WASHINGTON (AP) — American consumers barely increased their spending in October but their incomes rose by the most in seven months. The rise in take-home pay could boost spending during the upcoming holiday shopping season.
The Commerce Department said Wednesday that spending increased 0.1 percent last month, the poorest gain in four months. But incomes increased 0.4 percent, the best showing since March.
Private wages and salaries drove the income gain.
The slight October gain in consumer spending represented a big slowdown from a 0.7 percent September increase. Spending on durable goods such as autos showed a solid increase but spending on nondurable goods such as food and clothing fell.
Some economists predicted spending would slow because consumers spent more over the summer while earning less. Consumer spending is important because it makes up 70 percent of economic activity.
After-tax, inflation-adjusted incomes fell at a 2.1 percent rate over the summer, the biggest drop since the third quarter of 2009, just as the recession was ending.
Monthly Archives: November 2011
Germany warns on Greek aid traunche
BERLIN (Reuters) – German Chancellor Angela Merkel rejected on Wednesday criticism of the ECB for not taking bolder steps to stem the euro zone debt crisis and made clear the next tranche of aid for Greece could not be paid out unless big parties in the country committed in writing to back austerity.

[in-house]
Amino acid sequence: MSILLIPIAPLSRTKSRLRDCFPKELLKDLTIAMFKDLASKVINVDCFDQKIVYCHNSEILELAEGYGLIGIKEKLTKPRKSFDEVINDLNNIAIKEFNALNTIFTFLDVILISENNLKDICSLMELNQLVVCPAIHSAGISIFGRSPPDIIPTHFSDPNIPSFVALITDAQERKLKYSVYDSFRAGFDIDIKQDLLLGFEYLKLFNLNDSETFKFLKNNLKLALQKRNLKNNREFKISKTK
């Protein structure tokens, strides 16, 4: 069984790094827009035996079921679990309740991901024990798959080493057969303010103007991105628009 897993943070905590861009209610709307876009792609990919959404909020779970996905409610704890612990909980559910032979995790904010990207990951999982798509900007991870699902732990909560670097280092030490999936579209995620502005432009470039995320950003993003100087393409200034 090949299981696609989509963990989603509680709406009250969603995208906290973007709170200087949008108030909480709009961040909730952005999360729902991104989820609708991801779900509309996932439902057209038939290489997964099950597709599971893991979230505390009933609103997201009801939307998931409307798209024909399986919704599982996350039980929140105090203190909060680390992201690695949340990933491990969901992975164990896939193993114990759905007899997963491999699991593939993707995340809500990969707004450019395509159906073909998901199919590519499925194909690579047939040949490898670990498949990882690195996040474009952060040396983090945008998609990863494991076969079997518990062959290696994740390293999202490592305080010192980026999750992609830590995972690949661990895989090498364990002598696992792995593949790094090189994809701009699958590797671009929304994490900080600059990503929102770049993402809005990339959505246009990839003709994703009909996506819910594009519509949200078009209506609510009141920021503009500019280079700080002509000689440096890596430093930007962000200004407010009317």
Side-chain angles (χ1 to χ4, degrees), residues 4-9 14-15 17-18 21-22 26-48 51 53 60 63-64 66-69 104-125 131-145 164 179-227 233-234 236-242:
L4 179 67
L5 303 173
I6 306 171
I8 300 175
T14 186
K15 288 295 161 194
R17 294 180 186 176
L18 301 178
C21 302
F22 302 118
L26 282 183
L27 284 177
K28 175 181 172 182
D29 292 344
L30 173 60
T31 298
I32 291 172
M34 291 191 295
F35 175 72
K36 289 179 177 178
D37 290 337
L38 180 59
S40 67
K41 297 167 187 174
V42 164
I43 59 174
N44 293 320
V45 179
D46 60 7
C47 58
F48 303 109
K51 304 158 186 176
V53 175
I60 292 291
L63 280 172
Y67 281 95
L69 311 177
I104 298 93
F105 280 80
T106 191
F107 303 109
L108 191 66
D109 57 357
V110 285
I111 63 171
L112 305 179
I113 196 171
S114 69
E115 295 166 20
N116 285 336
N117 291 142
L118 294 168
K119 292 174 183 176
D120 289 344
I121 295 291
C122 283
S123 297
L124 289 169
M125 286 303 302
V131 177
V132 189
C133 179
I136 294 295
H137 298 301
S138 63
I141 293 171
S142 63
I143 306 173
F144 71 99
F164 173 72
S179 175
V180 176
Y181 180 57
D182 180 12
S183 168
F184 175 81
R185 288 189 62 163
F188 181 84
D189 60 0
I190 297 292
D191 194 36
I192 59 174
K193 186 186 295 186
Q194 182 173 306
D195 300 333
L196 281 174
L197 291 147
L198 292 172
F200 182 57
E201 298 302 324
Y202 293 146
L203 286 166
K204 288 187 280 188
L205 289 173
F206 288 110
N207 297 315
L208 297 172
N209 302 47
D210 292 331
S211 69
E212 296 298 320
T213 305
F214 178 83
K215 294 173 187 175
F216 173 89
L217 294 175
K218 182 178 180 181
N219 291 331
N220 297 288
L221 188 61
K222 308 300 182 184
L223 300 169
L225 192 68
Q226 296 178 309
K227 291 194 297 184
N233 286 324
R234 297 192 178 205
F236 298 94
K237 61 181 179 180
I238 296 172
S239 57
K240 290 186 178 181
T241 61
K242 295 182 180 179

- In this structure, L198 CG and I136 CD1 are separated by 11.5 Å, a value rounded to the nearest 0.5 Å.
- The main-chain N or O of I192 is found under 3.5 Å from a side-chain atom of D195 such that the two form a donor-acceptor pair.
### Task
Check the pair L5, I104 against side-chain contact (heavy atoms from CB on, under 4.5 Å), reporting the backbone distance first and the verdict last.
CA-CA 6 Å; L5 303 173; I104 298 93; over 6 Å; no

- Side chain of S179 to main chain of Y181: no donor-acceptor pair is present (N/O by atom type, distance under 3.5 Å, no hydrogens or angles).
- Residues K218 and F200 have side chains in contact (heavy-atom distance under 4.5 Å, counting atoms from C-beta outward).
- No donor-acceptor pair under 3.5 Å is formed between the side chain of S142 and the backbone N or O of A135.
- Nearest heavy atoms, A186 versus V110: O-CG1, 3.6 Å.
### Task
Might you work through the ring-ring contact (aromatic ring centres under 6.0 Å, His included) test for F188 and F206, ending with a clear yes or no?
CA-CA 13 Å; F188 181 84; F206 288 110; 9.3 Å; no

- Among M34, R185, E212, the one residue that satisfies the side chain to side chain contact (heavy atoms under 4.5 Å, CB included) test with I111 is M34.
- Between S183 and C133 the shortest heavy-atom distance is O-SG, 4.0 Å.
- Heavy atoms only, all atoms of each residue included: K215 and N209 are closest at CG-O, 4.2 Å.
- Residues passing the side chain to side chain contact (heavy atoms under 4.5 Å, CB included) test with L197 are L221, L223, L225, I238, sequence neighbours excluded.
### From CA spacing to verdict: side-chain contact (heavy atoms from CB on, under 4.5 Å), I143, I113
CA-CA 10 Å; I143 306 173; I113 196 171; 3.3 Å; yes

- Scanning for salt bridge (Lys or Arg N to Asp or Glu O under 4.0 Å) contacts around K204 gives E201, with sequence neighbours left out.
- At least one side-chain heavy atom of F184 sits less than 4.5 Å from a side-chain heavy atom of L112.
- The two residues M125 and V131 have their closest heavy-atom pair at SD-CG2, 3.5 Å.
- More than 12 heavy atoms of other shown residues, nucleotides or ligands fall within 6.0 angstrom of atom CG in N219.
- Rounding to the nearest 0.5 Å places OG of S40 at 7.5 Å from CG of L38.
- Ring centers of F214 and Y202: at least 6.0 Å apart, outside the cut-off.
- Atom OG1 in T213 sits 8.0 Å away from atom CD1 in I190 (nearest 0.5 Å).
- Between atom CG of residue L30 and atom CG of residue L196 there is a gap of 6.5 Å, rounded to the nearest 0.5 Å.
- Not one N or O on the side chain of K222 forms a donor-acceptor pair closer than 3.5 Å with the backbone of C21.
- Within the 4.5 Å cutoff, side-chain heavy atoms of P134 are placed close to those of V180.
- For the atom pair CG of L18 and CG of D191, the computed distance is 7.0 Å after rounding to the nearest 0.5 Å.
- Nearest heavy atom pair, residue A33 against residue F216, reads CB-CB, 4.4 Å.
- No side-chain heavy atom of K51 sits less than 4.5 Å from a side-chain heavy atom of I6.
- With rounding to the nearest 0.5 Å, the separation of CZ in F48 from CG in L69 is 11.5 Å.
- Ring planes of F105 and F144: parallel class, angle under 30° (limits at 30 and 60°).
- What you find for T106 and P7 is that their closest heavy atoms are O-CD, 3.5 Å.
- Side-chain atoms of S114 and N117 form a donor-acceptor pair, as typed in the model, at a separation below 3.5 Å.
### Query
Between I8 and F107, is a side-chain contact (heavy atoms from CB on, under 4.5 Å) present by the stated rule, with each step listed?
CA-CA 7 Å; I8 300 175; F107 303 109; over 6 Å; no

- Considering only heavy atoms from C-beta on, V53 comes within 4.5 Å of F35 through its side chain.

“The European currency union is based, and this was a precondition for the creation of the union, on a central bank that has sole responsibility for monetary policy. This is its mandate. It is pursuing this. And we all need to be very careful about criticizing the European Central Bank,” Merkel said in a speech to parliament.
On Greece, she added: “The Greek question hasn’t been cleared up yet, because the conditions are not in place for the payment of the next tranche.
“For that to happen … we need not only the signature of the Greek premier but also those of the parties that have agreed to support the government. Otherwise there can be no payout of the sixth tranche.”
Upgrades and Downgrades This Morning
SNH – Senior Housing upgraded to Buy at Stifel Nicolaus
CHKM – Chesapeake Midstream Partners initiated with a Buy at Janney Montgomery scott